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UNH women’s soccer: Wildcats secure sixth seed, draw NJIT in the America East quarterfinals


BURLINGTON, VT. — Most of the time the University of New Hampshire (UNH) Wildcats (6-8-2, 4-4-1) are a stout, defensive force to be reckoned with. Most of the time they can stop anyone in front of them, as they have four shutouts in their last six games and only one goal allowed during October. Most of the time.  

Thursday afternoon’s match against the University of Vermont (UVM) Catamounts (10-5-1, 7-2-0) was the exception to that norm as the Wildcats lost by a final of 3-0 in their regular season finale. This is the first time since Oct. 14, 2018, that New Hampshire has allowed three goals in a game. While the loss wasn’t enough to drop the ‘Cats out of the playoffs, it erased their hopes of reaching the second seed and drops them to sixth in the America East Championship.  

What seemed like a harmless deflection off UNH sophomore Emily Bini proved to be fatal. The deflection led to a Catamount corner and a gorgeous service from Vermont senior Natalie Durieux that soared into the penalty box. As the ball traveled, UVM senior midfielder Alyssa Oviedo took four strides, jumped, past a UNH defender, and found the back of the net for the game’s first goal.  

It was a rout from then on. Three minutes later, UVM senior Alexa Mihale headed another shot thanks to another beautiful feed that escaped UNH senior goalkeeper Cat Sheppard to double the Vermont lead.  

“The game of soccer can go in waves of momentum, and they were really able to capitalize on those moments, and that was the difference of the game,” said UNH head coach Steve Welham.  

Things could’ve been even worse for the Wildcats. Following a tackle from UNH sophomore defender Logan Nicholson roughly seven minutes later, Mihale was awarded a penalty kick. Welham agreed with the call, although he thought Bini should have been awarded a penalty kick earlier.  

Welham’s protests mattered little, however. The four-year midfielder took a few steps back before ripping a shot towards Sheppard’s near post. New Hampshire’s goalkeeper responded to the threat by sliding to her right and punching the ball with her gloves and putting it back into play.  

The danger didn’t end there, however. The ball found the foot of a Vermont attacker who fired an awkward shot that could’ve found the back of the net if not for Sheppard sticking her leg out to stop the attempt. 

The Catamounts missed a plethora of other chances to run up the score. Oviedo executed a shot toward the far post a bit too perfectly, as the shot doinked off the woodwork. If not for two more terrific saves by Sheppard the game could’ve been 5-0.  

These scenes were emblematic of the whole night. Vermont storming down the field, attacking the net, and forcing the Wildcats defense or Sheppard to ensure the game was still within reach for the offense.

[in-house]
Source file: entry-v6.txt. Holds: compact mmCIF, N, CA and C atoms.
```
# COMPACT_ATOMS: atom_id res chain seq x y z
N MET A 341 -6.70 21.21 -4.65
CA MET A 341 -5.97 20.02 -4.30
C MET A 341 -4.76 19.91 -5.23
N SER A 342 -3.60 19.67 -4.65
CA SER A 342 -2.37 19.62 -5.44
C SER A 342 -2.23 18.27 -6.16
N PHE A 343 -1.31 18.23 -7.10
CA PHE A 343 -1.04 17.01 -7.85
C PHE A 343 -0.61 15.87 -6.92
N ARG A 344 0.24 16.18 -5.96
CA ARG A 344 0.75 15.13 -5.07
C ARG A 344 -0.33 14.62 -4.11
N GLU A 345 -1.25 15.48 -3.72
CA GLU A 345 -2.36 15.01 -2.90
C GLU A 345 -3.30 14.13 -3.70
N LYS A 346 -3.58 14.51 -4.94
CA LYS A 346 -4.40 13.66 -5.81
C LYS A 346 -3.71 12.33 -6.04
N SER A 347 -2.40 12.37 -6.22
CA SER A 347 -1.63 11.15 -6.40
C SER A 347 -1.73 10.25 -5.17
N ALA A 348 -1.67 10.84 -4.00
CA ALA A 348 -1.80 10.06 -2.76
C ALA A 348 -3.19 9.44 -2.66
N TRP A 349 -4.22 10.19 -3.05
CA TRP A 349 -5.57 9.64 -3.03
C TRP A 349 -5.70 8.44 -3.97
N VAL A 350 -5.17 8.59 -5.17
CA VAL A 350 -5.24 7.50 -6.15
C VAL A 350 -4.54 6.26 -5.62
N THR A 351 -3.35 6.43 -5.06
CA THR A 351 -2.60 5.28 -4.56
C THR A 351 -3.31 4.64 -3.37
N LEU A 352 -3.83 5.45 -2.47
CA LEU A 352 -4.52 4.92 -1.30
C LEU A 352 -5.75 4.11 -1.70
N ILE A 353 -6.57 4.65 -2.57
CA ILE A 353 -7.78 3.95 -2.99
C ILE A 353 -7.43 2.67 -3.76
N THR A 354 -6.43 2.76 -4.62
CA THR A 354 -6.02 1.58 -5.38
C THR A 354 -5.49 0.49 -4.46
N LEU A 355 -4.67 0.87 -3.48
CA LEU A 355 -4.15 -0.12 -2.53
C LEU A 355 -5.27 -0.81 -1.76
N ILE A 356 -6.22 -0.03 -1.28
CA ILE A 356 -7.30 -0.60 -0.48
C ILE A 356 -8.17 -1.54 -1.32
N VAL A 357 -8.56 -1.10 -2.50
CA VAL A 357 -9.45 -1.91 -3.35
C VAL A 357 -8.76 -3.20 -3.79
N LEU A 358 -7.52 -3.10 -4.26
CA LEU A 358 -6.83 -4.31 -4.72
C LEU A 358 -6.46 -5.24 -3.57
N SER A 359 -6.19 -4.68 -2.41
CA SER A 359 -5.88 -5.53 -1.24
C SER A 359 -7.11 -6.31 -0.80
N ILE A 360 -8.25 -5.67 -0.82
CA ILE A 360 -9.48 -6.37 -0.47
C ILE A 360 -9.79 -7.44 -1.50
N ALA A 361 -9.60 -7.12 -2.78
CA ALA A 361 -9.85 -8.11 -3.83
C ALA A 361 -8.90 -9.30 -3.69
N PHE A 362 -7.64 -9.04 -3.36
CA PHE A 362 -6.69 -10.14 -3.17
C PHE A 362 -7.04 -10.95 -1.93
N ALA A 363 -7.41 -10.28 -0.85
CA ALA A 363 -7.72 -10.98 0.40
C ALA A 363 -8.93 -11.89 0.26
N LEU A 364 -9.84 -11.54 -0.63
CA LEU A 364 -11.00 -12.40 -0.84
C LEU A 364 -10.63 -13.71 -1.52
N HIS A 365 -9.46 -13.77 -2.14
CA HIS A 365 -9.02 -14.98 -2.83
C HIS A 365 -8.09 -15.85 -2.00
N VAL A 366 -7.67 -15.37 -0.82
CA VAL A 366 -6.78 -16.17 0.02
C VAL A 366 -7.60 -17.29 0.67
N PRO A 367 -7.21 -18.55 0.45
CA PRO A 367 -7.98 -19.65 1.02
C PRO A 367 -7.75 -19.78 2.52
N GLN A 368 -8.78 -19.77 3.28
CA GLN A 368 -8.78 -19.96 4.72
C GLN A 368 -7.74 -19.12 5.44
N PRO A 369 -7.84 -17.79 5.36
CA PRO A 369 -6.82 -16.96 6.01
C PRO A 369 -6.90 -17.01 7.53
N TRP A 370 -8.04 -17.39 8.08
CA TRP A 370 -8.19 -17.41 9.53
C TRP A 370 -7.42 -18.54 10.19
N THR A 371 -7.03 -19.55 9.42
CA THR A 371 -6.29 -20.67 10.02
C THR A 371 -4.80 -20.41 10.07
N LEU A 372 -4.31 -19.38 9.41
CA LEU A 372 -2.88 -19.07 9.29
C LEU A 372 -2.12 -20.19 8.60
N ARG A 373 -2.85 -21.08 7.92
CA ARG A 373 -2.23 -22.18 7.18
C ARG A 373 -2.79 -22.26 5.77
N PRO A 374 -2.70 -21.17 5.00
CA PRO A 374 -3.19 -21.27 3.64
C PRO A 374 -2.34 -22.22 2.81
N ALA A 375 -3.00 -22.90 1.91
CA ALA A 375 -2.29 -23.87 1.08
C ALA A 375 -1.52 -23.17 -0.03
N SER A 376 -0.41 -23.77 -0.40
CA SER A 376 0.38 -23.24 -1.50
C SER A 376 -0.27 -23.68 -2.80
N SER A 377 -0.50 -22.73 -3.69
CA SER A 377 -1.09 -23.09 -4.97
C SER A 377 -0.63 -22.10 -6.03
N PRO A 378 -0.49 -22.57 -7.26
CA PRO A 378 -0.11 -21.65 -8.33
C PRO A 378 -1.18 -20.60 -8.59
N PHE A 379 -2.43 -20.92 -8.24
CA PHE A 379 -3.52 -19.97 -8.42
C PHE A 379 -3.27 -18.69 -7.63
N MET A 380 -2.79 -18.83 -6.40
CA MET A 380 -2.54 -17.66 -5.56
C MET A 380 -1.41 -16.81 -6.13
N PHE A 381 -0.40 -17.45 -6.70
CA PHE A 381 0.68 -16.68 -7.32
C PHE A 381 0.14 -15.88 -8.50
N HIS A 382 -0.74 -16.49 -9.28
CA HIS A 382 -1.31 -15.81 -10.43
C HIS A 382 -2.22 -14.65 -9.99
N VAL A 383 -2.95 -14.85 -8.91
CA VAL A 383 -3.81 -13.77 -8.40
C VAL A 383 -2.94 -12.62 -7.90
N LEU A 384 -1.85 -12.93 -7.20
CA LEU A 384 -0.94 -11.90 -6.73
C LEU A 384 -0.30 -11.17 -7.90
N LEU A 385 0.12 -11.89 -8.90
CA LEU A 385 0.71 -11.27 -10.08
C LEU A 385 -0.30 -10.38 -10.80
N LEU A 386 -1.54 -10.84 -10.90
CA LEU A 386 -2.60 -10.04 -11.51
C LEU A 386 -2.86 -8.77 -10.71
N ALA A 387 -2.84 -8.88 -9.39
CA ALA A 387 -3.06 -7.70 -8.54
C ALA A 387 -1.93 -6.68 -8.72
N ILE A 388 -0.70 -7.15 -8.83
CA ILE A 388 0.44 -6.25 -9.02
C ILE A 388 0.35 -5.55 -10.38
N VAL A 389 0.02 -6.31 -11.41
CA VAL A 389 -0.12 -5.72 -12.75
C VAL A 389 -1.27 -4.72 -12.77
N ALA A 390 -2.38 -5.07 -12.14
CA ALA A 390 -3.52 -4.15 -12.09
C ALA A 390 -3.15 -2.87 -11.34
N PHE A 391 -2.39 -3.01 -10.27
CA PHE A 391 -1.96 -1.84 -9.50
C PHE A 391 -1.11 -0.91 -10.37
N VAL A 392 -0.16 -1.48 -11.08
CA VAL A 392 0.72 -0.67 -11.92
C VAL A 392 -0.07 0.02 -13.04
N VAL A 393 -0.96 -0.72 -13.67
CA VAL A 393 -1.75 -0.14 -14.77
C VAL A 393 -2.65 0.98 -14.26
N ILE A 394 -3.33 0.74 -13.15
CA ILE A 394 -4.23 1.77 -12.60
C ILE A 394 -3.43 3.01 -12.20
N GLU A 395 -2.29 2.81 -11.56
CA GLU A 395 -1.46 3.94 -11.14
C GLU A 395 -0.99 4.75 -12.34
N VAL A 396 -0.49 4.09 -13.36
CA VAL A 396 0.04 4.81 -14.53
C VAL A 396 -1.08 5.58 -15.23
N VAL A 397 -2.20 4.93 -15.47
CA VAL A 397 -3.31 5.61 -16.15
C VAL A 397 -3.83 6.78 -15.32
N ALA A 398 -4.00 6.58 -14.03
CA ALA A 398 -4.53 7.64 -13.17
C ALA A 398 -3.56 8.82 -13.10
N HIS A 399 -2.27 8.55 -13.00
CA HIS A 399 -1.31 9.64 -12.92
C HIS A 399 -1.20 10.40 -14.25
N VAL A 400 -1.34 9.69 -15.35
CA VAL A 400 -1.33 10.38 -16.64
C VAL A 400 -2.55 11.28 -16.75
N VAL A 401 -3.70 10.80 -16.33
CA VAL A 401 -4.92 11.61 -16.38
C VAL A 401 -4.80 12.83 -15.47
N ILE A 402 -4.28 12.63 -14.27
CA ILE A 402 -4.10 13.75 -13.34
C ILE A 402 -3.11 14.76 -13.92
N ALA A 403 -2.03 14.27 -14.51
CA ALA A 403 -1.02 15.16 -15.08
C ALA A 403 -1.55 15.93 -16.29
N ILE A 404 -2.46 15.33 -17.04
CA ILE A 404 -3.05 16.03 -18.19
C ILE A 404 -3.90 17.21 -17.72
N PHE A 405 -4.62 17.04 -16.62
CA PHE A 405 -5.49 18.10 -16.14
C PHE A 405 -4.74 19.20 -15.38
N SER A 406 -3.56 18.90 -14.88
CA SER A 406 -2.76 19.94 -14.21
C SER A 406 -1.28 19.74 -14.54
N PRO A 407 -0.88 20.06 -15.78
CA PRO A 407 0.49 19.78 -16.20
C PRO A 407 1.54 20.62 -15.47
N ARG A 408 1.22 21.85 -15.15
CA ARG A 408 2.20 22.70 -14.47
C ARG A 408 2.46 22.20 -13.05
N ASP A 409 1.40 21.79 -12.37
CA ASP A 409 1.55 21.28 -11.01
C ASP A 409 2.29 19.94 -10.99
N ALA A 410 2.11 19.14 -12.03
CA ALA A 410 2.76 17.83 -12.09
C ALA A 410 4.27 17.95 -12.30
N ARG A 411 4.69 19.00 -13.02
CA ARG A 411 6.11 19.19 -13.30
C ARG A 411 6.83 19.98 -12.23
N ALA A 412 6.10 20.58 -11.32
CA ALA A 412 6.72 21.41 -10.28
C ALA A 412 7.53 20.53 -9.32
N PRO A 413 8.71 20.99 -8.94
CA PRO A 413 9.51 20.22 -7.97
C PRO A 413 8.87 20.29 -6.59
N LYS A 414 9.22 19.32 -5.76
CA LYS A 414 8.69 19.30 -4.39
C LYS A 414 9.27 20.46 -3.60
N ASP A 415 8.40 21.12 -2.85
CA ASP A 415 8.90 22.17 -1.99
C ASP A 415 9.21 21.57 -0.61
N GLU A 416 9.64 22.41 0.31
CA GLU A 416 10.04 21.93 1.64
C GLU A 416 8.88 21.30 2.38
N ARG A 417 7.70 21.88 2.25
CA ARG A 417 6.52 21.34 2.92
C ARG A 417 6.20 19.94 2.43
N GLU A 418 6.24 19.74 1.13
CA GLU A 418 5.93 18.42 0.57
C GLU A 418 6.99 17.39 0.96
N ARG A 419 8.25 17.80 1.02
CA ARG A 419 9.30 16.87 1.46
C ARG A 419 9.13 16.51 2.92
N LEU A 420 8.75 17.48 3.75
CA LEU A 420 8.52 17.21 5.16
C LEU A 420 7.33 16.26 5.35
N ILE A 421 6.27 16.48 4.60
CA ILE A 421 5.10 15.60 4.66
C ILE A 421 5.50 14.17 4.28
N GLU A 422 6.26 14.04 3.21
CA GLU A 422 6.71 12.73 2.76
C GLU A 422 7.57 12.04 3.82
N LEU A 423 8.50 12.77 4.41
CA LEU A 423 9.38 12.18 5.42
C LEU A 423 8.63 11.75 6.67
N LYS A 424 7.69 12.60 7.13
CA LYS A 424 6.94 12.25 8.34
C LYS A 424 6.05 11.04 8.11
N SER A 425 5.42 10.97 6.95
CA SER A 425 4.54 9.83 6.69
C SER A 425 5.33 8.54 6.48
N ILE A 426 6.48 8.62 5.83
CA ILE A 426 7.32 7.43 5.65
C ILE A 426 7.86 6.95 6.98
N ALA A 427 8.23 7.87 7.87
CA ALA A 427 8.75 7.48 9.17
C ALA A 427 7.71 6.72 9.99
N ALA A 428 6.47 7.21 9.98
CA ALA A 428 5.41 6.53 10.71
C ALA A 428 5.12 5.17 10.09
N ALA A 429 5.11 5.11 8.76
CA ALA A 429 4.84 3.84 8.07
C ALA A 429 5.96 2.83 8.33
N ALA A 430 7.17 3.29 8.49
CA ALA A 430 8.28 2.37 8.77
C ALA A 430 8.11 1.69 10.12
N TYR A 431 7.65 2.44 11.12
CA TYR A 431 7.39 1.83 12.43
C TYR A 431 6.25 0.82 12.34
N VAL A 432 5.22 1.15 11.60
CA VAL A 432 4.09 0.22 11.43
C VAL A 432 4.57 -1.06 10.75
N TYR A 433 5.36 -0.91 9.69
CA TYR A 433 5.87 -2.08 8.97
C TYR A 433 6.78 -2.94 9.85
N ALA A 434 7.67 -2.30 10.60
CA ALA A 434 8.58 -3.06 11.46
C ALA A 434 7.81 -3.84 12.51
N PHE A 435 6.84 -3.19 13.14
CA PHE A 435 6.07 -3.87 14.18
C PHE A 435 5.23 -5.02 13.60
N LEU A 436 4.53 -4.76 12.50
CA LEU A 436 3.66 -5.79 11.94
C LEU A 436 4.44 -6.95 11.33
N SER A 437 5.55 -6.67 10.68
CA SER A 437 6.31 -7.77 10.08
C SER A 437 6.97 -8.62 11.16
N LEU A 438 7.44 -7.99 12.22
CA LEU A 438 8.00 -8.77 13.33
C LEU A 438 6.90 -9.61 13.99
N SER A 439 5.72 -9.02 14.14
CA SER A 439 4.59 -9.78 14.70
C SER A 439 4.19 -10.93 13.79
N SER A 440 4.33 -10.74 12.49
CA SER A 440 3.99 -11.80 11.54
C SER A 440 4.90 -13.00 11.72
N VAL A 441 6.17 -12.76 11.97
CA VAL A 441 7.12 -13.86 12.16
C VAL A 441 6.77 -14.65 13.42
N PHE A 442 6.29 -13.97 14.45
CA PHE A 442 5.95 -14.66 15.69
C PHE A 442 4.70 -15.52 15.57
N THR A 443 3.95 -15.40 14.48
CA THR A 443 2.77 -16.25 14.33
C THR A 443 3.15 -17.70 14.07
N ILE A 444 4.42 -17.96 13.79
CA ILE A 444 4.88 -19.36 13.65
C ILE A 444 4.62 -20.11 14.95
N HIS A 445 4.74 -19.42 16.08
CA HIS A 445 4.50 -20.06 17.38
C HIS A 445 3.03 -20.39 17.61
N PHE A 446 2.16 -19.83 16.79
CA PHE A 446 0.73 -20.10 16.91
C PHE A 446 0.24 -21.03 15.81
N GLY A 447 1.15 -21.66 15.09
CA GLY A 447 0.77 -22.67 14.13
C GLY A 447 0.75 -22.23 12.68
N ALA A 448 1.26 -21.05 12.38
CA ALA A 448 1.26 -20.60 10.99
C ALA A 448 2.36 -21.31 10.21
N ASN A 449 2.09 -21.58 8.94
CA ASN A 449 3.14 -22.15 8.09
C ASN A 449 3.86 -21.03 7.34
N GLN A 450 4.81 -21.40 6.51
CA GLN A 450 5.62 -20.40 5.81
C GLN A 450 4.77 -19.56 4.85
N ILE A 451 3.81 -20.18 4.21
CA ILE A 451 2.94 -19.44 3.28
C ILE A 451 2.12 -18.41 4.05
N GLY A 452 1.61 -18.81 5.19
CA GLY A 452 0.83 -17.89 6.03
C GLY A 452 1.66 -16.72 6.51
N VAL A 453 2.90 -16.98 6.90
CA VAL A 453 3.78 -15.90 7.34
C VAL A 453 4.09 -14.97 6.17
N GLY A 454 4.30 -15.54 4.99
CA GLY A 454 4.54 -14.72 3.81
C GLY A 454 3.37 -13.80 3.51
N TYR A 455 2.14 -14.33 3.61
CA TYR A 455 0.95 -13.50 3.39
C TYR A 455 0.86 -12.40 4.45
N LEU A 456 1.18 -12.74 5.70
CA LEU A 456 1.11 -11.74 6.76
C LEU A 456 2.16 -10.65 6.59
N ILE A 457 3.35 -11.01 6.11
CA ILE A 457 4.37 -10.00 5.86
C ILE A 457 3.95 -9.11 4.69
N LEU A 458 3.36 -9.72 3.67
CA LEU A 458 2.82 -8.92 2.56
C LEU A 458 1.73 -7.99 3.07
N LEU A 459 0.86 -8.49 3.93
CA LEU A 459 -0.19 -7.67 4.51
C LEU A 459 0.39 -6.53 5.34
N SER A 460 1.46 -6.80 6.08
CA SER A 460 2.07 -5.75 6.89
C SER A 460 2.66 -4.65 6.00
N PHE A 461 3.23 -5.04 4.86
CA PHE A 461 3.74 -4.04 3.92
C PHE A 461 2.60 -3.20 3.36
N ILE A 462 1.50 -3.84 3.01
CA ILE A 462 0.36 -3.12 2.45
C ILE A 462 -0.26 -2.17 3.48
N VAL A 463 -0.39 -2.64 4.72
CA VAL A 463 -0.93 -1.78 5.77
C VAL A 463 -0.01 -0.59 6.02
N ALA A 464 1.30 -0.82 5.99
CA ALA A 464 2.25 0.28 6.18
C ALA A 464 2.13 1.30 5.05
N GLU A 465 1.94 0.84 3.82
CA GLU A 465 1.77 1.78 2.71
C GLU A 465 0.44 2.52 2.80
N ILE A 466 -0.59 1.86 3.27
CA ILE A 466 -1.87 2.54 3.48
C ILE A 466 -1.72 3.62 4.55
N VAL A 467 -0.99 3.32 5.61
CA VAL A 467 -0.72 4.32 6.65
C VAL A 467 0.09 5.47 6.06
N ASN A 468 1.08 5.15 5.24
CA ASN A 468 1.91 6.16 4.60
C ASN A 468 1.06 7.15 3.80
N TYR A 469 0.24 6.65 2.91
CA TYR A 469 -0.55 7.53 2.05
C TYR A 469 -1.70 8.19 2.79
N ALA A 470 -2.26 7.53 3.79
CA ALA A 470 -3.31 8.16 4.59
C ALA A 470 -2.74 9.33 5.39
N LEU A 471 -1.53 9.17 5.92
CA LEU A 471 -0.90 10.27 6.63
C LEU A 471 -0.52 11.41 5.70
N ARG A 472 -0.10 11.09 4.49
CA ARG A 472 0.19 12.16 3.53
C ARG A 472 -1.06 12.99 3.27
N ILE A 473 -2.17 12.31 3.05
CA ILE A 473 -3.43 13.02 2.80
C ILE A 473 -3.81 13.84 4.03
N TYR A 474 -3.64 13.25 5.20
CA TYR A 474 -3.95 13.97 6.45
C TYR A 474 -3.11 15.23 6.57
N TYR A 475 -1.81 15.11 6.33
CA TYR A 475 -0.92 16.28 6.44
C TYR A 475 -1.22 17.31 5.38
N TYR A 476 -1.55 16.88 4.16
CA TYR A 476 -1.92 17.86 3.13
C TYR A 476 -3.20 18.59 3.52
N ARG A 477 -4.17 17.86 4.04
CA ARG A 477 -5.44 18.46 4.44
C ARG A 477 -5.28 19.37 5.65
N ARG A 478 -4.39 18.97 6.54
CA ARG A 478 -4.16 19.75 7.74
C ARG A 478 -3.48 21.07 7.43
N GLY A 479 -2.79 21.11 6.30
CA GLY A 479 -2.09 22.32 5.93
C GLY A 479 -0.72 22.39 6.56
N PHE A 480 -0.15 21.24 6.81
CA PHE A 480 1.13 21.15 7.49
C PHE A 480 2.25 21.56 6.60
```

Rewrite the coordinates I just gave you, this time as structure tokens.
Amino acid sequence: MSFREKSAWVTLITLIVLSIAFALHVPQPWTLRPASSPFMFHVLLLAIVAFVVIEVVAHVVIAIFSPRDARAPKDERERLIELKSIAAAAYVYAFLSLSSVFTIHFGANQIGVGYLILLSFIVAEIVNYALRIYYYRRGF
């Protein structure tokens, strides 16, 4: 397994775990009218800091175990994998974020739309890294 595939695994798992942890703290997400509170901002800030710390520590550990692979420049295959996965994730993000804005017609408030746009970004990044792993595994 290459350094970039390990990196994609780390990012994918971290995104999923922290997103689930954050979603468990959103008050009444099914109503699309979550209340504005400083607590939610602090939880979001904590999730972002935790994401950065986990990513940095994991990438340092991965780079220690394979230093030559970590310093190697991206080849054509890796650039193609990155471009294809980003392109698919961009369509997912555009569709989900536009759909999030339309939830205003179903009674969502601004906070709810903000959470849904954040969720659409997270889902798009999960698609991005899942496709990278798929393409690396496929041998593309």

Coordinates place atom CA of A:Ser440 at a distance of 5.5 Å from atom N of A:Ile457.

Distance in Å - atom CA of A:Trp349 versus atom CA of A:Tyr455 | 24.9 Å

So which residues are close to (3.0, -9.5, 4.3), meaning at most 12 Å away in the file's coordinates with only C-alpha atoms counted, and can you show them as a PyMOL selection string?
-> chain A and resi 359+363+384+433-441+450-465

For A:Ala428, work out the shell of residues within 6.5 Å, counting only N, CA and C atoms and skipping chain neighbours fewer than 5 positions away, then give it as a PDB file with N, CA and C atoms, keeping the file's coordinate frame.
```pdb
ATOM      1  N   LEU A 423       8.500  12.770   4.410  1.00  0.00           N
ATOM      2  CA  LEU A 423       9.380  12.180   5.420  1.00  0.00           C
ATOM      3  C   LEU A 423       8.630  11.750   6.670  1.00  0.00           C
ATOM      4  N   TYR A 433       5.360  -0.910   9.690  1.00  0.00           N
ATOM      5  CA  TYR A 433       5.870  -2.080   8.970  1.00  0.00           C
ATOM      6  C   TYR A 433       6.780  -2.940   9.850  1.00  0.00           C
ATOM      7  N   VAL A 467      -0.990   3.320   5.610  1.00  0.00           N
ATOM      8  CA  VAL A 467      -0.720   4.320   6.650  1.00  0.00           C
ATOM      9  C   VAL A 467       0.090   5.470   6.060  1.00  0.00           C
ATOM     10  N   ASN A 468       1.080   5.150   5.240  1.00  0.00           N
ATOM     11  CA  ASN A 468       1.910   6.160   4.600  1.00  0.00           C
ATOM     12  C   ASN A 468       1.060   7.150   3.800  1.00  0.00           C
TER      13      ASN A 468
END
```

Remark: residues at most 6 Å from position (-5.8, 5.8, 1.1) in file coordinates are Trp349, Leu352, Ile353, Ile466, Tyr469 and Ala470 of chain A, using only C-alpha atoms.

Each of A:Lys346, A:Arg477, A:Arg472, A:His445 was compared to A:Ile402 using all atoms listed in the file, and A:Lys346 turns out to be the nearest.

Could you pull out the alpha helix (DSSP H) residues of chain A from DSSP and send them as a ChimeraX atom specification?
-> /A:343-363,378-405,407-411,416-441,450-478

“It was down to execution in a certain moment of the game on the field, and that was it. We didn’t execute what we needed to do,” said Welham.   

The question for Welham isn’t how his team lost, it’s how they respond to their worst statistical loss of the season. 

“They got a taste of the playoffs basically last night, where it’s not the playoffs but, yes, it is. Every play is going to count. How you start the game, and how you finish the game is important,” Welham said.  

UNH will get to respond Sunday in Newark against the New Jersey Institute of Technology (NJIT) Highlanders (7-10-1, 5-3-1). The two teams met previously this season, UNH was shutout 1-0 even though they’d outshot the Highlanders 18-5. To come away with the victory Sunday, Welham said they’ll need to spread apart the defense to open up lanes.  

“We have to stretch them out, get them moving side to side of the field, not just north and south. That’s the game [NJIT] wants to play, so we’ve got to stretch them out,” Welham repeated. “Create chances and we feel if we can get one, one can become two and three because this team is going to have to play forward.”  

Welham went on to point out the ease with which NJIT can shut down their opponents once they have a lead, much like they did earlier this season against the Wildcats.  

Even as the sixth seed, Welham likes his chances, pointing at how crowded the middle of the conference was and his central belief that while UNH is sixth, only three points separate them from the third and fourth seeds. 

“I feel like it’s wide open. It’s very even. That’s probably the best way to say this, I think it’s a very even America East Championship this year.” 

Photo courtesy of Dave O’Brien

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